Pack Up Your Troubles

Pack up your Troubles was a popular song in the First World War. Sung in music halls and barracks about the country, it even became popular in Germany. The song was consigned to the ‘dud’ draw initially, and its authors, brothers George and Felix Powell, were most amused when it won a competition and became a hit. I passed the site of their birth last month when I visited St Asaph in Wales.
The lyrics are:

Pack up your troubles in your old kit-bag,

And smile, smile, smile,

While you've a lucifer to light your fag,

Smile, boys, that's the style.

What's the use of worrying?

It never was worth while, so

Pack up your troubles in your old kit-bag,

And smile, smile, smile.

Readers of a sensitive disposition should note that a lucifer is a match and a fag a cigarette. Sadly, one brother later suffered as a conscientious objector and the other killed himself. It saddened the pair to learn that this was the ditty with which the troops braced themselves against the mortars and machine guns of Imperial Germany, and that its royalties proved most profitable at times of international conflict.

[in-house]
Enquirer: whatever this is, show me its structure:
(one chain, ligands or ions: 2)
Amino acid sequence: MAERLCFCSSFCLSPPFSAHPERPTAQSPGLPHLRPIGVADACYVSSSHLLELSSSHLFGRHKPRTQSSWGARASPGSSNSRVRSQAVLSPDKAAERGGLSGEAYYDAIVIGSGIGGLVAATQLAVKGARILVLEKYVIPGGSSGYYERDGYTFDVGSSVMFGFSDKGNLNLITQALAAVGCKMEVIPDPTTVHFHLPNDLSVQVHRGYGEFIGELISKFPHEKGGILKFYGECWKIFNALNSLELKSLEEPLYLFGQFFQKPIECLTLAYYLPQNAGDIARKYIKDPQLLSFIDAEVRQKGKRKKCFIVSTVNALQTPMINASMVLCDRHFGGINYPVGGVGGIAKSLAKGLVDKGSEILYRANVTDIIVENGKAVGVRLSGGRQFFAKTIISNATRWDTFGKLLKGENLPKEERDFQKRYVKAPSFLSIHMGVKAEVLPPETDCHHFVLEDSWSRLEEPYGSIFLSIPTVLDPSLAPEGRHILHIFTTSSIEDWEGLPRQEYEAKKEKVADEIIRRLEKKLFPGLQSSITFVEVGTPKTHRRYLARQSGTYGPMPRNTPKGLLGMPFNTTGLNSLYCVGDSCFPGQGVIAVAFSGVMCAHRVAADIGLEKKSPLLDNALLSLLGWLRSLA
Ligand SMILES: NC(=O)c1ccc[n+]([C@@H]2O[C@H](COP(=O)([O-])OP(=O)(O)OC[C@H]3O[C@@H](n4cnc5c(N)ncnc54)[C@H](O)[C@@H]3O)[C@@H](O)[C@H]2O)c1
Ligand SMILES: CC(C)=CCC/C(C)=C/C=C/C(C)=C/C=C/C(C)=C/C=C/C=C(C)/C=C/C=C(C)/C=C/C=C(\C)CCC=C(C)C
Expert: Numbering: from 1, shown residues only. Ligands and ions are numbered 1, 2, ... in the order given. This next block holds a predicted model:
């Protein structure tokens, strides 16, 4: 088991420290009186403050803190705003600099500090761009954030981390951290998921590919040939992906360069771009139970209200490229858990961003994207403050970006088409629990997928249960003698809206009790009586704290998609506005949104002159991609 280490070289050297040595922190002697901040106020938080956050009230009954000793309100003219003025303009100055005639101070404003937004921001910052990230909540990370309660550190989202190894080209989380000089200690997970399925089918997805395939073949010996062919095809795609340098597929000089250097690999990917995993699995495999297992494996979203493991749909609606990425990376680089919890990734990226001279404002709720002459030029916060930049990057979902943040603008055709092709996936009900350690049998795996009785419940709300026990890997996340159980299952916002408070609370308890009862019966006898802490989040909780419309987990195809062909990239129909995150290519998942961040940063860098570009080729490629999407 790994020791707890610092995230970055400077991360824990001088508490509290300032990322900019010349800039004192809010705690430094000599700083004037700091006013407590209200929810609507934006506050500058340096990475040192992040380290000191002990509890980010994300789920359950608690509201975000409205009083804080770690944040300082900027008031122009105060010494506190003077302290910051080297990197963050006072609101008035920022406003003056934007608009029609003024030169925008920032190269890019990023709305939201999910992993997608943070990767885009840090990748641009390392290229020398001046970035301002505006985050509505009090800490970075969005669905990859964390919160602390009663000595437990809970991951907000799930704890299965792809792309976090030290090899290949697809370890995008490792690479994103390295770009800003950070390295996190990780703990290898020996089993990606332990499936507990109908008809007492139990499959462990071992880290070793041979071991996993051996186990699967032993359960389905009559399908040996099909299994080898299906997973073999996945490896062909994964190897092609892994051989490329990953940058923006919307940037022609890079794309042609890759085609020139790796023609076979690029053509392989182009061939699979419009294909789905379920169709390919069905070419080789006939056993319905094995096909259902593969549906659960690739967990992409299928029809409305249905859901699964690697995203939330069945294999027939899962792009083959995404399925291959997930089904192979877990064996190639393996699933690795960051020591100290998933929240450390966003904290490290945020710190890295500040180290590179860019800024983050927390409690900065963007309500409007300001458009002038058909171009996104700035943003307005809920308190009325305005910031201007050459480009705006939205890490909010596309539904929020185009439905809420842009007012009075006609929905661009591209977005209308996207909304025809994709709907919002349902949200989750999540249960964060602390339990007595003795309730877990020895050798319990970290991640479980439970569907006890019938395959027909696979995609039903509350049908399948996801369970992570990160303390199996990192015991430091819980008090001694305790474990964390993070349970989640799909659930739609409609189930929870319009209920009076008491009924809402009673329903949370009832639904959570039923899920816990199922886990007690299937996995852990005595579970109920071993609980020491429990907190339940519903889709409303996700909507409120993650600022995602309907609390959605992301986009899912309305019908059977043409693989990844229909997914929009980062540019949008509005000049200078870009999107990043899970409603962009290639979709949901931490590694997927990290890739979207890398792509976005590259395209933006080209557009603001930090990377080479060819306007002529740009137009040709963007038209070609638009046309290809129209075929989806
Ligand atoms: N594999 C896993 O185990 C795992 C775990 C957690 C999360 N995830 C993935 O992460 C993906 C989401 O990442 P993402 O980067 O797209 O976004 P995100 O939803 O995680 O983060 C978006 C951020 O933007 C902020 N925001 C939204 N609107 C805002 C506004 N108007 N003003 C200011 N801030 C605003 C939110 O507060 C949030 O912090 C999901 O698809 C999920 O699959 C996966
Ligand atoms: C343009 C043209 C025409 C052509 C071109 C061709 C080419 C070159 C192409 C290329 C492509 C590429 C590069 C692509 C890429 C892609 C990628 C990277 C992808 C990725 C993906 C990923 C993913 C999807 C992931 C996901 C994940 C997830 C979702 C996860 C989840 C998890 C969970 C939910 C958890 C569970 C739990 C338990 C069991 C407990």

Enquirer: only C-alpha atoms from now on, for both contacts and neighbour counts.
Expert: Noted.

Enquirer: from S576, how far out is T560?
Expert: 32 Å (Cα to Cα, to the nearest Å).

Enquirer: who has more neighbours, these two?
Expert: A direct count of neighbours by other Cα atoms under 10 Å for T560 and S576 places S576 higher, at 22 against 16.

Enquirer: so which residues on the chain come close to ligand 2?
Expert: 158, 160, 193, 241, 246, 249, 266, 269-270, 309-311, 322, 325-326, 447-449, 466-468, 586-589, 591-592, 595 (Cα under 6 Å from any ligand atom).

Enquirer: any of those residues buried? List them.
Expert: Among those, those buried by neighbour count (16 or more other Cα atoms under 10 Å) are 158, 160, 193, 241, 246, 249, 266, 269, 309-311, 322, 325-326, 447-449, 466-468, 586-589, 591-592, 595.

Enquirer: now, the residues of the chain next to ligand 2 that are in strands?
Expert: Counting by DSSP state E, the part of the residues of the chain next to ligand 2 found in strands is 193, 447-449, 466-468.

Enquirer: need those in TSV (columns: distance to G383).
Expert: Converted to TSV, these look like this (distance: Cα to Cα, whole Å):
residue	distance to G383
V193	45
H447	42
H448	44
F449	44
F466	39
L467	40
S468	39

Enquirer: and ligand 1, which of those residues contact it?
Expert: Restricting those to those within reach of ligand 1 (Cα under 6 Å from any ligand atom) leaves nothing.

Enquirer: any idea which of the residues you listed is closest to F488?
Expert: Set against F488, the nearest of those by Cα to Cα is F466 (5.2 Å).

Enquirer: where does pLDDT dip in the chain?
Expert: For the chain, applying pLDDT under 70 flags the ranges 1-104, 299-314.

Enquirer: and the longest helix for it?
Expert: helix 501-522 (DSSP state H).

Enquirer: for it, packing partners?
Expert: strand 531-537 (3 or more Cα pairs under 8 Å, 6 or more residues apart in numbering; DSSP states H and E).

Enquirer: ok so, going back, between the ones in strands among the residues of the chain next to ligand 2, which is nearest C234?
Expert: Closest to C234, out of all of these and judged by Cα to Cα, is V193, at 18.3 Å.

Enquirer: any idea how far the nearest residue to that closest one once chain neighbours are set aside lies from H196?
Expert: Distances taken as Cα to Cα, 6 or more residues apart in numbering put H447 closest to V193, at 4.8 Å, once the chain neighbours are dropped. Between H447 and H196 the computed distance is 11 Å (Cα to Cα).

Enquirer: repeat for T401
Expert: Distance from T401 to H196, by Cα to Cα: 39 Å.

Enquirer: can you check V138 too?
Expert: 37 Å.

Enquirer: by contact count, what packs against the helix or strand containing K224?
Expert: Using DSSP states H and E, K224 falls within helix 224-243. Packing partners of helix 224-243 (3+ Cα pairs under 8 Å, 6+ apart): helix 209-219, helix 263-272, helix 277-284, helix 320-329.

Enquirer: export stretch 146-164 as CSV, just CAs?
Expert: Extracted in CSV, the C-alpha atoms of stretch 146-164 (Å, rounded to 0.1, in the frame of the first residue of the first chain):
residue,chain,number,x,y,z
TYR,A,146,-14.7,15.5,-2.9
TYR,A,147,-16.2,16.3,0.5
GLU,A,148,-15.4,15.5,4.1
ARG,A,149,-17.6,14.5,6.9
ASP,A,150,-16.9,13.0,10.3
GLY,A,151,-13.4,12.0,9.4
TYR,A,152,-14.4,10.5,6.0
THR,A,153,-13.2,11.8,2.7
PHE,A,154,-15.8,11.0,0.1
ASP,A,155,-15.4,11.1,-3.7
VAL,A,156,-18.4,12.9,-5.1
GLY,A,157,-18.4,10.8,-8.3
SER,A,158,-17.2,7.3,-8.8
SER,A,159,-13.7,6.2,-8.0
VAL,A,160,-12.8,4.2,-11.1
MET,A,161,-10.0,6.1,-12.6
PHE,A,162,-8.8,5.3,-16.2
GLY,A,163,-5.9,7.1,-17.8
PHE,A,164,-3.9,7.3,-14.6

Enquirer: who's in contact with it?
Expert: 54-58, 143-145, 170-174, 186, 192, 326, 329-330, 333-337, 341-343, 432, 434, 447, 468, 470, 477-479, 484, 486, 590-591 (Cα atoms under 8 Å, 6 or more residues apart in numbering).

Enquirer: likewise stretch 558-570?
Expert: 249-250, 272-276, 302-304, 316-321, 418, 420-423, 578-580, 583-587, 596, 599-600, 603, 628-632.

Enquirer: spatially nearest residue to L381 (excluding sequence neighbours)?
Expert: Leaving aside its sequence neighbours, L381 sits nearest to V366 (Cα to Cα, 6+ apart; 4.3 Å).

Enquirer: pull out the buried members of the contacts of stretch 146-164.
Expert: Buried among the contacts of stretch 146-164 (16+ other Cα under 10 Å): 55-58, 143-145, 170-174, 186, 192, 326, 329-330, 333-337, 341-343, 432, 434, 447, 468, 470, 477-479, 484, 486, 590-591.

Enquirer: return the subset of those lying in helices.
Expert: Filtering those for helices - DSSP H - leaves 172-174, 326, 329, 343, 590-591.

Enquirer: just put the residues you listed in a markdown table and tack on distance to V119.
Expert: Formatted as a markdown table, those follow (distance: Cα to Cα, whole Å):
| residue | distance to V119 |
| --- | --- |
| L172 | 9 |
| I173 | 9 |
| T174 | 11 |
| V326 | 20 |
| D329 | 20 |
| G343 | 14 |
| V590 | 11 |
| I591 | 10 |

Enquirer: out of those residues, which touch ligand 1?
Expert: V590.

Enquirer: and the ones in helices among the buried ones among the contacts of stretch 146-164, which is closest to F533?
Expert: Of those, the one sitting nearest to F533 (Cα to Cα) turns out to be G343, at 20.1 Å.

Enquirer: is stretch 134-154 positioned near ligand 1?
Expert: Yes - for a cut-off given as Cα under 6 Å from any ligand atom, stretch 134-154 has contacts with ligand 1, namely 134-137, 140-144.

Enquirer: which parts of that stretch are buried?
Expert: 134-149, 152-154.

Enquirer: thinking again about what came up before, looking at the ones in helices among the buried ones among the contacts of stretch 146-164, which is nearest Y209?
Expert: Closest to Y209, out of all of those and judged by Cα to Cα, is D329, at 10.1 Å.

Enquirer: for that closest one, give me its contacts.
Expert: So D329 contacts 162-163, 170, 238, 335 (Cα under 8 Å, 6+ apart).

The song is as catchy as it is hollow. Kit-bags are not big enough to hold most of our troubles, and smoking causes more grief and expense than it is able to assuage. I thank God that the Bible invites us to ‘cast all your burdens upon Jesus, for he cares for you’. (1 Peter 5:7). These words might not induce me to go marching off to war, but they are a far better cure for troubled days and sleepless nights.


Are we weak and heavy-laden,

  Cumbered with a load of care?

Precious Saviour, still our refuge—

  Take it to the Lord in prayer;

Do thy friends despise, forsake thee?

  Take it to the Lord in prayer;

In His arms He’ll take and shield thee,

  Thou wilt find a solace there.


-Joseph Scriven